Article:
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Dade City candidates offer ideas for revitalizing city

DADE CITY — City Commissioner Bill Dennis says the city faces tough economic choices.

"There is no free lunch," he said Monday night at a Dade City candidates' forum, which drew about 100 people to the Dade City Business Center. "If we weren't the county seat, we'd be going out of business like so many other small towns. We have two choices. Either raise the millage rate or cut services."

Neither was popular among four candidates competing for two commission seats. But they offered other ideas for revitalizing the city and its tax base.

The Rev. Clyde Carter, who is running against Dennis in the April 10 election, challenged the notion that Dade City is dying.

"I get defensive when I hear that," he said. "I'll protect the city by thinking outside the box and changing the way we do business."

Carter said he supports an initiative before the City Commission this week to lower impact fees.

"If they're low enough, you entice new business and jobs," he said. "We have to improve our resources and engage more community involvement."

All of the candidates described Dade City as quaint and friendly, and agreed to pursue a larger tax base by luring new people to town — a responsibility traditionally handled by the Chamber of Commerce.

"It's a sign of the times," said Jim Shive, who is running against Jeanie Germain for the seat being vacated by Curtis Beebe. "We've been steadily losing businesses. Balancing business doesn't have to happen downtown. It can begin right here at the Dade City Business Center."

Germain, whose real estate title company is struggling with the economic downturn, was optimistic. "The city isn't dying," she said. "It's changing."

All candidates supported adding recreational facilities, repaving roads and new sidewalks, improving storm water drainage, rehabbing City Hall and police department headquarters, and engaging neighborhoods and youth participation.

Each candidate was asked: What's your vision for Dade City in 2020?

Germain said she sees growth without disturbing the town's "cool Mayberry quality."

Shive said he imagines a Dade City expansion to the Zephyrhills border.

Dennis said he envisions movement of city water utilities to another site.

Carter sees himself passing the torch to his children and grandchildren.

"I'll do my service and my kids will continue it while I'm rocking in my chair," he said.

This article has been revised to reflect the following correction: Jeanie Germain, a candidate for Dade City Commission, is an officer at Premium Title Co. and serves as chair for Habitat for Humanity of East and Central Pasco. The original version of this article misstated the name of the title company and did not give her current position on Habitat's board.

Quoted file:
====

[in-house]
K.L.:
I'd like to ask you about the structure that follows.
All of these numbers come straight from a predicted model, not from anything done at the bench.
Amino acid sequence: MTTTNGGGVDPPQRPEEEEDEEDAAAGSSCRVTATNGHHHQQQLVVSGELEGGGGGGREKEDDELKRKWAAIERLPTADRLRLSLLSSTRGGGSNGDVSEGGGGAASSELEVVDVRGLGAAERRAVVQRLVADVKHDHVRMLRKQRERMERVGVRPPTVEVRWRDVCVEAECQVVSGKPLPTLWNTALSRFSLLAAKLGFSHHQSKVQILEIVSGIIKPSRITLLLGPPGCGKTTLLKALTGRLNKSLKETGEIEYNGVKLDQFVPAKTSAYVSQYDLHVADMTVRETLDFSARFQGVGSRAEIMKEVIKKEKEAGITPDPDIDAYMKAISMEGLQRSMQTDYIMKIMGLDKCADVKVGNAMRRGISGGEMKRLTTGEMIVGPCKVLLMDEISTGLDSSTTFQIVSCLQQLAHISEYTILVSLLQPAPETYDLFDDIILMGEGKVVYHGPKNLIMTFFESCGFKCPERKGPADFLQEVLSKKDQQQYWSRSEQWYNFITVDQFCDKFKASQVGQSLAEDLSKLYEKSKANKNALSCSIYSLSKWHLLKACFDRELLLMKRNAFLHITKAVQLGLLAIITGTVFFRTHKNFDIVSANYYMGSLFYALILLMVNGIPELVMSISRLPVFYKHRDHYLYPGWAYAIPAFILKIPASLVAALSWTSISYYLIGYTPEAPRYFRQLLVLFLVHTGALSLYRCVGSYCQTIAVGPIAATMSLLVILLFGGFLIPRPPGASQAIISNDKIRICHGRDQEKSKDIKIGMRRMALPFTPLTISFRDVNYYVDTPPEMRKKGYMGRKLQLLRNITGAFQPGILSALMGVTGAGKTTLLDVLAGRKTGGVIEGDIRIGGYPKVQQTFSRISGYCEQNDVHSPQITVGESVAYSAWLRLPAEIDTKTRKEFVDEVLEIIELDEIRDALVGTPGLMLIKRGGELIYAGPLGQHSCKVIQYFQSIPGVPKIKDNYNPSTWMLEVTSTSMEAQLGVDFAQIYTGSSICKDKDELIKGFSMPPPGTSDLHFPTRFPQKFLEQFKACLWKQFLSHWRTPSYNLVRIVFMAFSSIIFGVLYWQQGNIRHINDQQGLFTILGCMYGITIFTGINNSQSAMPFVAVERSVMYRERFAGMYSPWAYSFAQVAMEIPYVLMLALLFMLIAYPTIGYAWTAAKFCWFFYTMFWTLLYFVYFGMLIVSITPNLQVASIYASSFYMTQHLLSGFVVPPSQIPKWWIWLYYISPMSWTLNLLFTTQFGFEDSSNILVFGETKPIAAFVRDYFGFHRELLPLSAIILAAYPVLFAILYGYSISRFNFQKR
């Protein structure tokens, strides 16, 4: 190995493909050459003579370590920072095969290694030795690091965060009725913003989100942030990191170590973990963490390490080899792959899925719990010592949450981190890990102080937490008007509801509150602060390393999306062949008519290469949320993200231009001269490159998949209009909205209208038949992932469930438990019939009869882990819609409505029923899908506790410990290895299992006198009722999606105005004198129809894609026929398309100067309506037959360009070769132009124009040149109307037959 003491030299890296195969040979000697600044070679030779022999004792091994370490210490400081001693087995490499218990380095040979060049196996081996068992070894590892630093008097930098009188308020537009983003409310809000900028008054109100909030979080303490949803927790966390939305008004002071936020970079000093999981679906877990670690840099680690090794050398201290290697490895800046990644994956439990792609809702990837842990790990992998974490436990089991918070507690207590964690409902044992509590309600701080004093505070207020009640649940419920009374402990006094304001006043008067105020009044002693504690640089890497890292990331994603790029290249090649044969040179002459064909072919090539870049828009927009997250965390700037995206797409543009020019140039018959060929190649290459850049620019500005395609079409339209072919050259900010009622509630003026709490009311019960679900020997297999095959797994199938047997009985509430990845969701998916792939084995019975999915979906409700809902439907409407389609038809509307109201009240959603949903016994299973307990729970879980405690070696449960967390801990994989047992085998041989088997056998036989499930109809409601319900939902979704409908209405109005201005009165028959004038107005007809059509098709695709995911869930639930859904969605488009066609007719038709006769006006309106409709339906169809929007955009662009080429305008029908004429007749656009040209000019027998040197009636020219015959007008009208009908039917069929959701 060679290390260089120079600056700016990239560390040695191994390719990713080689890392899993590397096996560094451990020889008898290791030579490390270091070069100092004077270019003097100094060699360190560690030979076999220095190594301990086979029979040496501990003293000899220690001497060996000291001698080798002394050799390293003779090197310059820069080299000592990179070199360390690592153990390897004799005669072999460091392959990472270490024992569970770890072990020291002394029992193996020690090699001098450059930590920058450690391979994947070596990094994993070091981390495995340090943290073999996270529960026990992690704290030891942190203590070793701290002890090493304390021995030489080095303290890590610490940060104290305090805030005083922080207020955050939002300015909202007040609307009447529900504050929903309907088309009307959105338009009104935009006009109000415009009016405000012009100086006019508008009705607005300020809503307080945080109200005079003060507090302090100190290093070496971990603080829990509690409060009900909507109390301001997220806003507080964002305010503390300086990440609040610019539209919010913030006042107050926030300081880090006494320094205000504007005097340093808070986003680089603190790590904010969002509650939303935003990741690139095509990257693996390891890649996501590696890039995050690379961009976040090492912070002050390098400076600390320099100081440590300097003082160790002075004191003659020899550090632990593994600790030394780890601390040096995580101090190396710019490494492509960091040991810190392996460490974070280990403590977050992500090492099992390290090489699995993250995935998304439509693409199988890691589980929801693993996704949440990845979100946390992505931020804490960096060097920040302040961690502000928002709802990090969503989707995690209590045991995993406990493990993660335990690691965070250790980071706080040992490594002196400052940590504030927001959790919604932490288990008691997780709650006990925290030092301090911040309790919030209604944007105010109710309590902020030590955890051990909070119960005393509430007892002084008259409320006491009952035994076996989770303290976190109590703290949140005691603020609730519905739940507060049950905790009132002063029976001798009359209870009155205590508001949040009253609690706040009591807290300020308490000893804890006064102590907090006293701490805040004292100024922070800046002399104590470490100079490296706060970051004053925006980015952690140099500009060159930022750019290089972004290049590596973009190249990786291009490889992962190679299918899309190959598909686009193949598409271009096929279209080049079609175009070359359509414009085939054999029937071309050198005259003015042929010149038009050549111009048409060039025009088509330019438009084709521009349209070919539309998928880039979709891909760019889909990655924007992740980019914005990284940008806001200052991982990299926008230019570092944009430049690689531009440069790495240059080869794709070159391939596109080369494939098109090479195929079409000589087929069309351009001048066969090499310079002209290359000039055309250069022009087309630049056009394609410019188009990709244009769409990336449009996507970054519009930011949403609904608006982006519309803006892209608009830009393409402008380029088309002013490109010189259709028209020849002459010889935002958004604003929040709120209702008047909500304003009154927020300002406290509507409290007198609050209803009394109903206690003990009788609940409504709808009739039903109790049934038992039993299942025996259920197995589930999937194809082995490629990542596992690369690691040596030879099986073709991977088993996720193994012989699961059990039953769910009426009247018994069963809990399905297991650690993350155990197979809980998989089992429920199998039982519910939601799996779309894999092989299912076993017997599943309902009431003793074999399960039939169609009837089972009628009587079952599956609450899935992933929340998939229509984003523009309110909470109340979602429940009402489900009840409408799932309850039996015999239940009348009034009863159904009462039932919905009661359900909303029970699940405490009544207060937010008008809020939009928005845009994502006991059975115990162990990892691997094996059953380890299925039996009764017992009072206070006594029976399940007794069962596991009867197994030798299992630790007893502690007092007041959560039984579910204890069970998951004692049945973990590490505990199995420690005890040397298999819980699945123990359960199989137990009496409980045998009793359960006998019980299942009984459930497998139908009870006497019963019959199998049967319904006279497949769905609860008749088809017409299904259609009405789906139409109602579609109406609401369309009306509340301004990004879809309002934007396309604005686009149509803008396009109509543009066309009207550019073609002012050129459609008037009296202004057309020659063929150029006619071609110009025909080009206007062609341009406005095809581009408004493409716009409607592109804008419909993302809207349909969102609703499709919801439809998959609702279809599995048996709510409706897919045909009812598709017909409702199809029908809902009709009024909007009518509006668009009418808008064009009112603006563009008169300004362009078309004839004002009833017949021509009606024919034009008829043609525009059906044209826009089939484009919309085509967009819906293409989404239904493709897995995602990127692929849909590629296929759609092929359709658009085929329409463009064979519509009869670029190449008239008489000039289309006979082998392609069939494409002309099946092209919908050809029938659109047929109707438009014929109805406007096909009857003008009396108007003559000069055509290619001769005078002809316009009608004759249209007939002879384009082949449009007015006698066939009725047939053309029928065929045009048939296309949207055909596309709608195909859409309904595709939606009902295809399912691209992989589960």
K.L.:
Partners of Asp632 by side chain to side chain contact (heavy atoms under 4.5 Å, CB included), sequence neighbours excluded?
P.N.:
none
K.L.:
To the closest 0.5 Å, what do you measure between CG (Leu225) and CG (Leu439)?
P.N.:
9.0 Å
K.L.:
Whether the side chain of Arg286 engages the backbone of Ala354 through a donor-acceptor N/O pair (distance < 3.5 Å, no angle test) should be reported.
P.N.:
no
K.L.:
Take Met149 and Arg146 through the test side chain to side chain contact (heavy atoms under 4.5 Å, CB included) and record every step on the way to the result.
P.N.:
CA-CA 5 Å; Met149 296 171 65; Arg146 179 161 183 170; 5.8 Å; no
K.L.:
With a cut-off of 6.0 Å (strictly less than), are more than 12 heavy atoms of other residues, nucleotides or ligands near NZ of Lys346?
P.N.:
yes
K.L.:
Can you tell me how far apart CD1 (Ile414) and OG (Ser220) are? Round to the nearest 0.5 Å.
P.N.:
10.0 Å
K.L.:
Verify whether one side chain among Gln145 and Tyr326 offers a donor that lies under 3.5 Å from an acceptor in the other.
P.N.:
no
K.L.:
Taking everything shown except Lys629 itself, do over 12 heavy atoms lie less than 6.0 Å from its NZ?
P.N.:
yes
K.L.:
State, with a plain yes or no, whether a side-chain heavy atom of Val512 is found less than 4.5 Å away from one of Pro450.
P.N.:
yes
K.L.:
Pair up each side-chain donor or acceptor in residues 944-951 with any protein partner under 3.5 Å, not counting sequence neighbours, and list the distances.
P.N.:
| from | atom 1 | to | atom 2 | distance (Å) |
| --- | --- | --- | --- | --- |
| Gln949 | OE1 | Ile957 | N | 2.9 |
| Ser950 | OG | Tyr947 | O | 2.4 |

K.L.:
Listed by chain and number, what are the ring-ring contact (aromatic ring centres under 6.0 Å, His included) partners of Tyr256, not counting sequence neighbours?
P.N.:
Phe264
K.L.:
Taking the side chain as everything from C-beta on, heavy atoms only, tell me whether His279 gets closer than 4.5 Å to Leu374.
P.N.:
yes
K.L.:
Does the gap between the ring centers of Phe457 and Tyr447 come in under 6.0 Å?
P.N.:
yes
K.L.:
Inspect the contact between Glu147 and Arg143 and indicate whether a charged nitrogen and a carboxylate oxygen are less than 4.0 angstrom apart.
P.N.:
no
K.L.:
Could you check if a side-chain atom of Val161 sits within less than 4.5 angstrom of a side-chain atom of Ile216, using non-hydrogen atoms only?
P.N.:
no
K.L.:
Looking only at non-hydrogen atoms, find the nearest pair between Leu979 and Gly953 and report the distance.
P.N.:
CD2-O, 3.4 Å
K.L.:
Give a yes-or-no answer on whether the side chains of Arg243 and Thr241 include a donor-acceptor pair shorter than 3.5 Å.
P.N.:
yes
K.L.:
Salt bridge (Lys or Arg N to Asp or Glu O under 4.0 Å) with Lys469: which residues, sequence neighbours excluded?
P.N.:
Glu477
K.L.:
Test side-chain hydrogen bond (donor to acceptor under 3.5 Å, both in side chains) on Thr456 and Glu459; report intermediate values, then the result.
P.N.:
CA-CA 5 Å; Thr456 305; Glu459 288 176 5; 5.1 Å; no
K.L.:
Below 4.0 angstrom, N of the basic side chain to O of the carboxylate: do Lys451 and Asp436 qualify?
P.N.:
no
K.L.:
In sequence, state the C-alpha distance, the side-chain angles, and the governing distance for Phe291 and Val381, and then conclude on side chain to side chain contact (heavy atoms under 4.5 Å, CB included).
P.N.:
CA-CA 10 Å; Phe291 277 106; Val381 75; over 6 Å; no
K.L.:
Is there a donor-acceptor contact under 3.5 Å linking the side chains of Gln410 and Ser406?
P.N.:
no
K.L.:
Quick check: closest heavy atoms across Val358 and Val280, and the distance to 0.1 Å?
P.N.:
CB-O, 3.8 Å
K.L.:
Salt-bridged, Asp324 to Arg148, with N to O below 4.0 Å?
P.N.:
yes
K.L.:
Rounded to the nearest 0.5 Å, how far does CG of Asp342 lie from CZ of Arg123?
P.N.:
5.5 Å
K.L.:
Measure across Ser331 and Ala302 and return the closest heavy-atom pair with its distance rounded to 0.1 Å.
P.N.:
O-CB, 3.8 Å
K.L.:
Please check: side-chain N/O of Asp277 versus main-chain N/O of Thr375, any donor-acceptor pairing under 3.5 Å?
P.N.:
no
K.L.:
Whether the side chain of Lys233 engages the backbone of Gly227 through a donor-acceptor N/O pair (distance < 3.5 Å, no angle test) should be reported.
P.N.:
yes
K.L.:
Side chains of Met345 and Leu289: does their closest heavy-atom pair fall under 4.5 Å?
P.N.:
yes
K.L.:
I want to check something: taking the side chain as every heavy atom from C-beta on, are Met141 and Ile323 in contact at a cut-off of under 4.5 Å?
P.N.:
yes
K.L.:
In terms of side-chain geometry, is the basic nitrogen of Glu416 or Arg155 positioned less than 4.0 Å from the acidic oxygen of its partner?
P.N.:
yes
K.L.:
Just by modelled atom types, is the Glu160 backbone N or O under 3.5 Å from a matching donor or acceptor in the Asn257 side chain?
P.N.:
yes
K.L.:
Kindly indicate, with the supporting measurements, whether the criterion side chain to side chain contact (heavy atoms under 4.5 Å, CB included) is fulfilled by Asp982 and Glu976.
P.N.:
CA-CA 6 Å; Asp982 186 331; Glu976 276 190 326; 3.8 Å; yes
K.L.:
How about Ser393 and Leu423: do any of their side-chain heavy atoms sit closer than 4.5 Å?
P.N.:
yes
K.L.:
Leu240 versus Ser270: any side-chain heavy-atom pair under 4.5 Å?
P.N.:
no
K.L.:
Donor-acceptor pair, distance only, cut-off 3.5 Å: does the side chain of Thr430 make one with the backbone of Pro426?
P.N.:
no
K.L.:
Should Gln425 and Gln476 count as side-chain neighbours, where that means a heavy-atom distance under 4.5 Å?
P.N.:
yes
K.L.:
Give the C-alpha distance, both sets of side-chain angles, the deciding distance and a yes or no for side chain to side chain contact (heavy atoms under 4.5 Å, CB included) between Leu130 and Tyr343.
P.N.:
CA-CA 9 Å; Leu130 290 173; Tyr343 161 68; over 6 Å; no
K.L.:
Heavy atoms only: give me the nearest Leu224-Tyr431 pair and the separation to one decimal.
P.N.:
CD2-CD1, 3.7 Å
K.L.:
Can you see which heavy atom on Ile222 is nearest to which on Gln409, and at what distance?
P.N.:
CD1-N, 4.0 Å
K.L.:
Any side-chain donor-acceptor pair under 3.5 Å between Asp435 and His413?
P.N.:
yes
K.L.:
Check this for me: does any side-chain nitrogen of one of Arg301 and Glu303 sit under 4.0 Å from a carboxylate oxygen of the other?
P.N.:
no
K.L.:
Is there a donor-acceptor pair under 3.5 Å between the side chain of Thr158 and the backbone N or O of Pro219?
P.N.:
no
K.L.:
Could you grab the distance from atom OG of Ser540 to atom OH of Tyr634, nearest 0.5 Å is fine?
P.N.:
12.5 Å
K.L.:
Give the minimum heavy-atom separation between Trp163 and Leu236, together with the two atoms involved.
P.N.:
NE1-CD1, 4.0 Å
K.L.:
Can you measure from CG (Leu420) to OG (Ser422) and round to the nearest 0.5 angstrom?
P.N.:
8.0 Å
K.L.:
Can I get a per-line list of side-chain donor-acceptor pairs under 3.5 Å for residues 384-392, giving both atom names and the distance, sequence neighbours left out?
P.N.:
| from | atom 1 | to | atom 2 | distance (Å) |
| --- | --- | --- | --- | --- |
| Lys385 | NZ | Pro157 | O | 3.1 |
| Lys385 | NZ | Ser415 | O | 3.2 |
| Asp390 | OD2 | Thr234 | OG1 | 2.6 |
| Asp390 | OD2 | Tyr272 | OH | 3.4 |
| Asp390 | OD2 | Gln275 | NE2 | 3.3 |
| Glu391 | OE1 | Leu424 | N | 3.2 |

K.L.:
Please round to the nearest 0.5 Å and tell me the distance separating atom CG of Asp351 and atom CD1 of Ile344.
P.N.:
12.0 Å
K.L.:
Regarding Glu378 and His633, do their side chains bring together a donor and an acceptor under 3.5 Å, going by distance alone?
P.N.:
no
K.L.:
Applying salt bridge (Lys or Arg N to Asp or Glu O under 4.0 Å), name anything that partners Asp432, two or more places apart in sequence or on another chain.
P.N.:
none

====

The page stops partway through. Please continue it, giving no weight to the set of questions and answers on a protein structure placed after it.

Dade City Commission candidates

SEAT 3

Jeanie Germain, 57, worked her way up the ranks at several local law offices before co-founding Premium Title Co. of Dade City. She served on the board of directors for the local chapter of Rotary for six years and chairs the board of Habitat for Humanity of East and Central Pasco. Germain also is an active member of First United Methodist Church. She graduated from Zephyrhills High School and studied business at Pasco-Hernando Community College. She is a single mother of two daughters.

Jim Shive, 54, works for the Hernando County utilities department and prior to that was a longtime employee at the Dade City utilities department. He remains active on Dade City's planning board. He graduated from Pasco High School and received state certification in water and wastewater from Pasco-Hernando Community College and Pinellas Vocational Technical Institute. He's been married for 26 years to Teresa Shive, a 23-year veteran in the Pasco County Clerk of Courts office. They have four children and three grandchildren.

SEAT 4

The Rev. Clyde Carter, 54, simultaneously refers to himself as a homegrown Dade City boy and the new kid on the block. He has served as associate minister at St. John's Missionary Baptist Church since he was honorably discharged after a 20-year career with the U.S. Army. Carter graduated from Pasco High School and earned an associate's degree in business administration and management from Pasco-Hernando Community College. He and his wife, Paula, have three sons.

Bill Dennis, 80, is serving his third stint on the Dade City Commission. In 1993 he retired from a 23 years of teaching social studies in Zephyrhills. Following graduation from Palm Beach High School, he studied religion and philosophy at Florida Southern College and Duke University Divinity School. Dennis joined the U.S. Army and was honorably discharged three years later. He went on to earn his master's degree in social studies from Florida State University in 1970. He and his wife, Beverly, have been together for 53 years, and they have two daughters.

Dade City candidates offer ideas for revitalizing city 03/27/12 [Last modified: Thursday, March 29, 2012 7:34pm]
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